NSERC introduced in 2009 a new “binning” system to the review process in the Discovery Grant program. The program’s success rate has been on a downward spiral since — from 71 per cent in 2008 to 64 per cent in 2009 and falling to a record-low level of 58 per cent this year.
The number of appeals rose from 122 in 2008 to 223 in 2009 to 224 in 2010. The number of successful appeals, however, remains in the 20’s, with the exception of 2009, a transition year that left NSERC scrambling. NSERC’s website states that the rate of success of appeals is less than 25%. It is actually half of that.
According to Isabelle Blain, NSERC’s VP for Research Grants & Scholarships: “In 2010, 72 per cent of applicants holding a grant at the time of application were successful in obtaining a grant. Those who did not have a current grant had a lower level of success”.
The history of these changes goes as follows: In 2007, NSERC asked an international panel of experts to review its DG program. The panel found that the program was exceptionally effective in international comparison and in “maintaining a diversified base of high quality research capability in Canadian universities.”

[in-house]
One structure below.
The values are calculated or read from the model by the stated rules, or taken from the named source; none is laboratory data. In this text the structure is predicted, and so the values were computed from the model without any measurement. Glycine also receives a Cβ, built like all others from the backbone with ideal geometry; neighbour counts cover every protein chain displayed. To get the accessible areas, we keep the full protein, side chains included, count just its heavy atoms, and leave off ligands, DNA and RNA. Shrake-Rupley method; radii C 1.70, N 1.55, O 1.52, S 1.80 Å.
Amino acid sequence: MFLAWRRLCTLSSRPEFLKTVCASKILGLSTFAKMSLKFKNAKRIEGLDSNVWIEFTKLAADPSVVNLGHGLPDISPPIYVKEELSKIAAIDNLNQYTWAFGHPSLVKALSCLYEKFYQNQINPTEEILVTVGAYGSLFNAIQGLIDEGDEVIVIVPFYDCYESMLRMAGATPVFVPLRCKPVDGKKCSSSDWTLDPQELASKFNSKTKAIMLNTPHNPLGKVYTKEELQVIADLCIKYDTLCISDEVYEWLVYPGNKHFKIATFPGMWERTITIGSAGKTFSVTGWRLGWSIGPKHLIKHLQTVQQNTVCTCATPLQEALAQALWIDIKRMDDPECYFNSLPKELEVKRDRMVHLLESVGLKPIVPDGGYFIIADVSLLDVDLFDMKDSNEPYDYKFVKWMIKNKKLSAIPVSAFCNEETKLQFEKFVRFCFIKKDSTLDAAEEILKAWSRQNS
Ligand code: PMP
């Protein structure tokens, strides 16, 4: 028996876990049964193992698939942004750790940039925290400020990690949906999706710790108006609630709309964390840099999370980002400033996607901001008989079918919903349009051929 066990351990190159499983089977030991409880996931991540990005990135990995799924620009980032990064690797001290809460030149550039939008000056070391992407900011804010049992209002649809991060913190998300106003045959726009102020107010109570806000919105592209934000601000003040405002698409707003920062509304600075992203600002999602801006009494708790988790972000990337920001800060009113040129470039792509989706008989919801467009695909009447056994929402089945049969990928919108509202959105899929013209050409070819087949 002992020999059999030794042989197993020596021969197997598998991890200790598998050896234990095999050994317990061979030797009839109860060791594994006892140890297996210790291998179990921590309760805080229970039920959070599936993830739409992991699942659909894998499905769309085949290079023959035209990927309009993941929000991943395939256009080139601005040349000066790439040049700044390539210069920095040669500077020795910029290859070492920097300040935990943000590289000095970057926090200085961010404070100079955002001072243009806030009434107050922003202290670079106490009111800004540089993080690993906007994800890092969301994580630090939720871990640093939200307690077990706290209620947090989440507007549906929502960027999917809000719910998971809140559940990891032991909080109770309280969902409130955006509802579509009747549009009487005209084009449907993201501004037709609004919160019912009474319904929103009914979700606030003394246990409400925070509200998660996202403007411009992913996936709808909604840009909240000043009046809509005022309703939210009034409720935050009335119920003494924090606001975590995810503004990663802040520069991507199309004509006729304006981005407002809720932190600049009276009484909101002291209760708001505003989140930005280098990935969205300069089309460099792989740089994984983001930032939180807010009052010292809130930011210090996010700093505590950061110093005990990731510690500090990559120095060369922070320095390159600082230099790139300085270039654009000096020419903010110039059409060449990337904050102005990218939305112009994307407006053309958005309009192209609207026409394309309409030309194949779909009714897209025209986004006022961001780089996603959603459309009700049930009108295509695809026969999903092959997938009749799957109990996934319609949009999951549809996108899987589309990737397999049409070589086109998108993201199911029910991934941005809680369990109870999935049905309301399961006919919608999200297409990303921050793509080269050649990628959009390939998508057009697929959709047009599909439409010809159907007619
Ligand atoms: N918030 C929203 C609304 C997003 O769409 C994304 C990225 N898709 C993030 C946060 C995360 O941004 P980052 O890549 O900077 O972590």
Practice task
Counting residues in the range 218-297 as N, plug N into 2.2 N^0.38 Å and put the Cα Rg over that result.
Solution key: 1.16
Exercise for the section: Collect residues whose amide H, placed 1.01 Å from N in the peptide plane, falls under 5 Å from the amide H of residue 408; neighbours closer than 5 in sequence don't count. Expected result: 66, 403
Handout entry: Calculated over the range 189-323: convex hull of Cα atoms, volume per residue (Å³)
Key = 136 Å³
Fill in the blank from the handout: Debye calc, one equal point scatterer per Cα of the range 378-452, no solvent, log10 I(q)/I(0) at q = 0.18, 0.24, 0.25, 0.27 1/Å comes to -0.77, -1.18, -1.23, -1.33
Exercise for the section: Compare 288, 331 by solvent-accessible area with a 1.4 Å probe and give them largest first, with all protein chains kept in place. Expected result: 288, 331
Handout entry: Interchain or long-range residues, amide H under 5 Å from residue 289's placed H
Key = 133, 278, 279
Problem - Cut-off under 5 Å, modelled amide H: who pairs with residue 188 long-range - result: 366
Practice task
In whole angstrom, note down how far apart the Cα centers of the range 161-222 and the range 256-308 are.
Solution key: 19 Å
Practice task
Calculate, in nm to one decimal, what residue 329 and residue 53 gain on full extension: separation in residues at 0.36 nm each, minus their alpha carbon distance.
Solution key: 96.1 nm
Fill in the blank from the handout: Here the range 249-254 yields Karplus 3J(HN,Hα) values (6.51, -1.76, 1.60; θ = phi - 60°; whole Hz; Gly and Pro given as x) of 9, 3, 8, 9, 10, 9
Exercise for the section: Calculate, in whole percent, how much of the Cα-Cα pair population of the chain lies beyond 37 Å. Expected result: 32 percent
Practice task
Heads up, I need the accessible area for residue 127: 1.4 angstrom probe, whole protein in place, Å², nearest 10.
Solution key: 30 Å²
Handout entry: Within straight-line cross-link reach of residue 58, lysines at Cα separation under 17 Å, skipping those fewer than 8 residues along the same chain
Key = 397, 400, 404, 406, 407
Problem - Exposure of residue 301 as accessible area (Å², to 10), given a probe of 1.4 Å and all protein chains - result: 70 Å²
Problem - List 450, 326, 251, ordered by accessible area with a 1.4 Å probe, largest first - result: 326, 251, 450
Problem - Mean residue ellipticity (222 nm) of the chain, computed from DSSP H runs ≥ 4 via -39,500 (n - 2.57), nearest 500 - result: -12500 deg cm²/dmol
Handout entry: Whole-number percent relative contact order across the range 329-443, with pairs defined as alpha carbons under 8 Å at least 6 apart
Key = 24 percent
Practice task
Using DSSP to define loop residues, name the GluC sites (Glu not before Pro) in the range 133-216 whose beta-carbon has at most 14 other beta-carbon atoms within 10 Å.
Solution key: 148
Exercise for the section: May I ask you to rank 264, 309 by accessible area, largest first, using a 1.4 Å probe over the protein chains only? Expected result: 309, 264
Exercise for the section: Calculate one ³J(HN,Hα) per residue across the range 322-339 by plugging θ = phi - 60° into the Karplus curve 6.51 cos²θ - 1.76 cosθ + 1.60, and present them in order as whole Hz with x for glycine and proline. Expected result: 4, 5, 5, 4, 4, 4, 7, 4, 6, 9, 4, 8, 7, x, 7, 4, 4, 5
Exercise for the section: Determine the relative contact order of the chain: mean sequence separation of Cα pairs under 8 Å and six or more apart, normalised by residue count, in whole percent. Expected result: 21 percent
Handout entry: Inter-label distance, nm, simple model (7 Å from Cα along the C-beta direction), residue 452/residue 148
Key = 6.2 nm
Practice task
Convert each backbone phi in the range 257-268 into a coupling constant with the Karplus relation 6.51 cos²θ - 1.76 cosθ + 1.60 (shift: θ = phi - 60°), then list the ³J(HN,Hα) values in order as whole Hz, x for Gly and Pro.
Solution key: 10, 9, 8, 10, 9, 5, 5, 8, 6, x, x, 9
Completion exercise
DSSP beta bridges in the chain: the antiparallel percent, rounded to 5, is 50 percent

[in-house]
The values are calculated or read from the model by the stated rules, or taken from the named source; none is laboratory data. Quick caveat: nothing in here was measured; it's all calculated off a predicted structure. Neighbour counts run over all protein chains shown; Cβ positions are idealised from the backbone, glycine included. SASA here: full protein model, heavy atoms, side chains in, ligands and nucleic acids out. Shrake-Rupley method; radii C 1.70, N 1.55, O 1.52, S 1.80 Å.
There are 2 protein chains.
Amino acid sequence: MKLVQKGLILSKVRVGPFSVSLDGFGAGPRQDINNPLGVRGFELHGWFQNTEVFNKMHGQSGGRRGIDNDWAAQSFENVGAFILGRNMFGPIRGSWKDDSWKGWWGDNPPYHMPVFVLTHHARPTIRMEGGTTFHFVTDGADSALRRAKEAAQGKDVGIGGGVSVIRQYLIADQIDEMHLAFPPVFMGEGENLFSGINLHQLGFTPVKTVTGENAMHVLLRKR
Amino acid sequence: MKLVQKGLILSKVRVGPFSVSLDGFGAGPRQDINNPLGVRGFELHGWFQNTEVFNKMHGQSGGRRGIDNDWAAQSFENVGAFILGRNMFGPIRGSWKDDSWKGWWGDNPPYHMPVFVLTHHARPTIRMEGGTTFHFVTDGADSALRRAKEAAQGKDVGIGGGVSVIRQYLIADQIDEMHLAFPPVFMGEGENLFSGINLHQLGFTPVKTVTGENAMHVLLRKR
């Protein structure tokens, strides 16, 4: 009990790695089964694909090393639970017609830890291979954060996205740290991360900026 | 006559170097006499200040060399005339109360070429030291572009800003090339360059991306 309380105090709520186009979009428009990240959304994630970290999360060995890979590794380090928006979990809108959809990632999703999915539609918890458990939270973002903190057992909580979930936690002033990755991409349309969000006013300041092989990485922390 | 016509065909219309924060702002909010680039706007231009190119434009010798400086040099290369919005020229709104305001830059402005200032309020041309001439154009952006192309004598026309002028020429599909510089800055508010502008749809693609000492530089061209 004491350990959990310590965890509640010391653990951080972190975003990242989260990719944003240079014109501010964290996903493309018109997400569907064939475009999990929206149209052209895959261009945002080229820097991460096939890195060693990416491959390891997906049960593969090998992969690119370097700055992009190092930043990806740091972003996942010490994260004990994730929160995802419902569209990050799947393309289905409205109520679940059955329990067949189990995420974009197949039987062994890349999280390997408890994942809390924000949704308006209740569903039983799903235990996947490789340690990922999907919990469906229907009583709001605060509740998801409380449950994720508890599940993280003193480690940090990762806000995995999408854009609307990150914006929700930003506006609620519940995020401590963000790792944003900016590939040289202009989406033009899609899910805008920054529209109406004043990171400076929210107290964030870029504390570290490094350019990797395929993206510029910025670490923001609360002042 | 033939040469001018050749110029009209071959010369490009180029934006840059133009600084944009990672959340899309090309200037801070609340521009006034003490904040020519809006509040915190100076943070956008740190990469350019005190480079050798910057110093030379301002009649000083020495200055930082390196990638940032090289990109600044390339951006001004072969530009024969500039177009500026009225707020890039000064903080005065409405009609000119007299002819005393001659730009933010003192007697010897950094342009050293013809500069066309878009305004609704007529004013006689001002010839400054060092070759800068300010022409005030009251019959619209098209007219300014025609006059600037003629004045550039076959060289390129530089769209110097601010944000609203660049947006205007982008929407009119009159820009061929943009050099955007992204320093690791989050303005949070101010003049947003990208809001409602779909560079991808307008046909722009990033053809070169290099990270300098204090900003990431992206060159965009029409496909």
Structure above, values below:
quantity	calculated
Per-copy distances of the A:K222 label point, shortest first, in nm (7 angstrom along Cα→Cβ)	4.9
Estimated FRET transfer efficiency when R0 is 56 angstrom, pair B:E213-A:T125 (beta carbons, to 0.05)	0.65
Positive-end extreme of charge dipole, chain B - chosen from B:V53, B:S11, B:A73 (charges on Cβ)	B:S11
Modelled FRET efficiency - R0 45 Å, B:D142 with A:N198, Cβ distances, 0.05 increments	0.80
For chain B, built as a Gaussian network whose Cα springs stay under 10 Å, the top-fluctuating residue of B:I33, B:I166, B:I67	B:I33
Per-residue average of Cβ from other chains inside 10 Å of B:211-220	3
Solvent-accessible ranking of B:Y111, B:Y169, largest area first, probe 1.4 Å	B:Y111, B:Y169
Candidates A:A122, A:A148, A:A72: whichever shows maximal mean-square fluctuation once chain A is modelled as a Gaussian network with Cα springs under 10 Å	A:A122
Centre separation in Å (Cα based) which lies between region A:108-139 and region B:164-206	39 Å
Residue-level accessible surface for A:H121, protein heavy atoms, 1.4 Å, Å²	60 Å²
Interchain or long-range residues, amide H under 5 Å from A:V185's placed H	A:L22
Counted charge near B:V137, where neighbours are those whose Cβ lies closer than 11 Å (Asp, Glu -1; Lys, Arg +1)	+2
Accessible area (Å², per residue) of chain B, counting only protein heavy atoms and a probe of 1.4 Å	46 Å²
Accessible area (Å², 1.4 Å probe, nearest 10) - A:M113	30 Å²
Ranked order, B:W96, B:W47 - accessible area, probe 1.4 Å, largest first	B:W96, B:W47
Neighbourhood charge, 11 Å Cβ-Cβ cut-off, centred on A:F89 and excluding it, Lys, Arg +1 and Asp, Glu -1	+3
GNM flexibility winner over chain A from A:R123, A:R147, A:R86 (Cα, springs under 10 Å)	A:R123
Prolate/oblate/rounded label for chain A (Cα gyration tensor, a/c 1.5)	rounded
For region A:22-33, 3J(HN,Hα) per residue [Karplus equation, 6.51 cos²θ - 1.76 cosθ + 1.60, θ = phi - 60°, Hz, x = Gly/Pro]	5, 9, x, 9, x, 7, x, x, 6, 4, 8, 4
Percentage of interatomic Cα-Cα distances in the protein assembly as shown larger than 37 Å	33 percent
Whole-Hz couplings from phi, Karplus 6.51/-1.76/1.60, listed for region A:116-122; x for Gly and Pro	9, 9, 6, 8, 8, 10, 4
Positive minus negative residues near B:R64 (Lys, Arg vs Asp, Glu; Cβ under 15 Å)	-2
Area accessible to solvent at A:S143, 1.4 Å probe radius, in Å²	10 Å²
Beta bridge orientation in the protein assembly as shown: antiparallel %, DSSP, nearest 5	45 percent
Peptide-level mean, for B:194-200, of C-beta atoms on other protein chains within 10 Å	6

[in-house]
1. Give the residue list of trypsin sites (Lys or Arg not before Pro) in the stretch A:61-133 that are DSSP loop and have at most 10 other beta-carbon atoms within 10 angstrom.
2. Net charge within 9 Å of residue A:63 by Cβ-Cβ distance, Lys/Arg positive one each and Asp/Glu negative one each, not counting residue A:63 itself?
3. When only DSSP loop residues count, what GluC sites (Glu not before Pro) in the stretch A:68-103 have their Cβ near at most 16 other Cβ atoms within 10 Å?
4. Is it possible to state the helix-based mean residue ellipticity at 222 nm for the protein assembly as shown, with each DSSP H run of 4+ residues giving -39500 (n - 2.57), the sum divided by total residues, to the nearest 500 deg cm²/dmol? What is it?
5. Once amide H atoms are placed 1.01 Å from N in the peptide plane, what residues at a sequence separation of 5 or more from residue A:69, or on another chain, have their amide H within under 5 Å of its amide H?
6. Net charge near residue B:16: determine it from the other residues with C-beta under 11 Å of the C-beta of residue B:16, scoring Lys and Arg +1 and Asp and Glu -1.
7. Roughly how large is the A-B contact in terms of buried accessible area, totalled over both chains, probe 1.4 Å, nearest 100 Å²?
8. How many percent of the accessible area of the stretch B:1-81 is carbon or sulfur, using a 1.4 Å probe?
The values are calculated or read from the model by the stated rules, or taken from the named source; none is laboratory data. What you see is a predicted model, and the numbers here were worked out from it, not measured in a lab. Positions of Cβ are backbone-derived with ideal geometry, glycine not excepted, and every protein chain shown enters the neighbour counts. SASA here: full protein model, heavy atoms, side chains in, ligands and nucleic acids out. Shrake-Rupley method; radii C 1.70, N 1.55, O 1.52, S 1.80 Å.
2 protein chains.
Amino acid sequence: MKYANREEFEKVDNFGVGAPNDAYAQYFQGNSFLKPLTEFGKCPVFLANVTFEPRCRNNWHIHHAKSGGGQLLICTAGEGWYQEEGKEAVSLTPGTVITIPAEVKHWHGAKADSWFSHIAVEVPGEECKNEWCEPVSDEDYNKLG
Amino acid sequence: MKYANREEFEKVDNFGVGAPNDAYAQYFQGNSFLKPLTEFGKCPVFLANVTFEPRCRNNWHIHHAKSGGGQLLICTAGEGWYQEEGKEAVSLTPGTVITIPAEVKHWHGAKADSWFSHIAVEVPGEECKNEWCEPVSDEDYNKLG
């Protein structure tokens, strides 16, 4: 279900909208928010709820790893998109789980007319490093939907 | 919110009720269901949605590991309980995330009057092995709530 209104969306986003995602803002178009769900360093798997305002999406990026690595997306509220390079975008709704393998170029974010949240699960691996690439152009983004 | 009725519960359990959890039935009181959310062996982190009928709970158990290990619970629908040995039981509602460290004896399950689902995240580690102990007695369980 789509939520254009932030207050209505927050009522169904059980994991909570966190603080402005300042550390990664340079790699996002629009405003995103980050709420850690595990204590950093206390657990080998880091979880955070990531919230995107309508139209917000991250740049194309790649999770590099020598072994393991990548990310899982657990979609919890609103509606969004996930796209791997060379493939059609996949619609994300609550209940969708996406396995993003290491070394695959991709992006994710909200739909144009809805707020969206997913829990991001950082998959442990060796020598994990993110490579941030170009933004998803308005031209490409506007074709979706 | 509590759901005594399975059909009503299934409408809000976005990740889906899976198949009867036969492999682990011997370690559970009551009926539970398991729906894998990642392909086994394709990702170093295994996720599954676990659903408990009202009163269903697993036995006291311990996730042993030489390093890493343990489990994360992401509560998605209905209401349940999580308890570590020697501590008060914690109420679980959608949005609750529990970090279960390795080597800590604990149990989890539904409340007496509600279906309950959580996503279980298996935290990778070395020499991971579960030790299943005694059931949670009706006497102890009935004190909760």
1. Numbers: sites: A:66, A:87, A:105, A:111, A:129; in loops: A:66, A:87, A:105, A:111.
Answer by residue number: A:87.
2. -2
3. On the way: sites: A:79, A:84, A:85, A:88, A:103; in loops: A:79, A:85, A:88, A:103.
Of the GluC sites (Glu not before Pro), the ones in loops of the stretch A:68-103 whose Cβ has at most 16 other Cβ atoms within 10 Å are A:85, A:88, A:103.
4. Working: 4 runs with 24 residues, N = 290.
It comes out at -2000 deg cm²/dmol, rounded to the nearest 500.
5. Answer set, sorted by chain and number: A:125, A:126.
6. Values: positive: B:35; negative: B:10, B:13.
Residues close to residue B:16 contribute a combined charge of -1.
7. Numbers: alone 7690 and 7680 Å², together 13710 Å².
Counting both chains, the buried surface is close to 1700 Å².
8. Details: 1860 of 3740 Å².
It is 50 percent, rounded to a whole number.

Moreover, and probably anticipating NSERC’s plans, the panel warned the agency that “any significant intentional reduction in the DGP success rate…would result in reduced research support in the smaller provinces and in small institutions.”
NSERC went ahead and changed the review system, the net result of which being a significant drop in the success rate and a sour mood at many smaller institutions that are feeling disenfranchised by the system.
In addition, an internal program review also initiated by NSERC in 2007 concluded that the DG program funding was insufficient to match the increasing numbers of university researchers hired over the past decade, while the average discovery grant had not kept pace with inflation.
According to Blain: “The total number of Discovery Grants held at a given time is another important statistic to keep in mind. This figure rose steadily for much of the past decade, from 7,886 in 2001 to a high of 10,340 in 2008. It currently stands at 9,948, still well above historic averages”.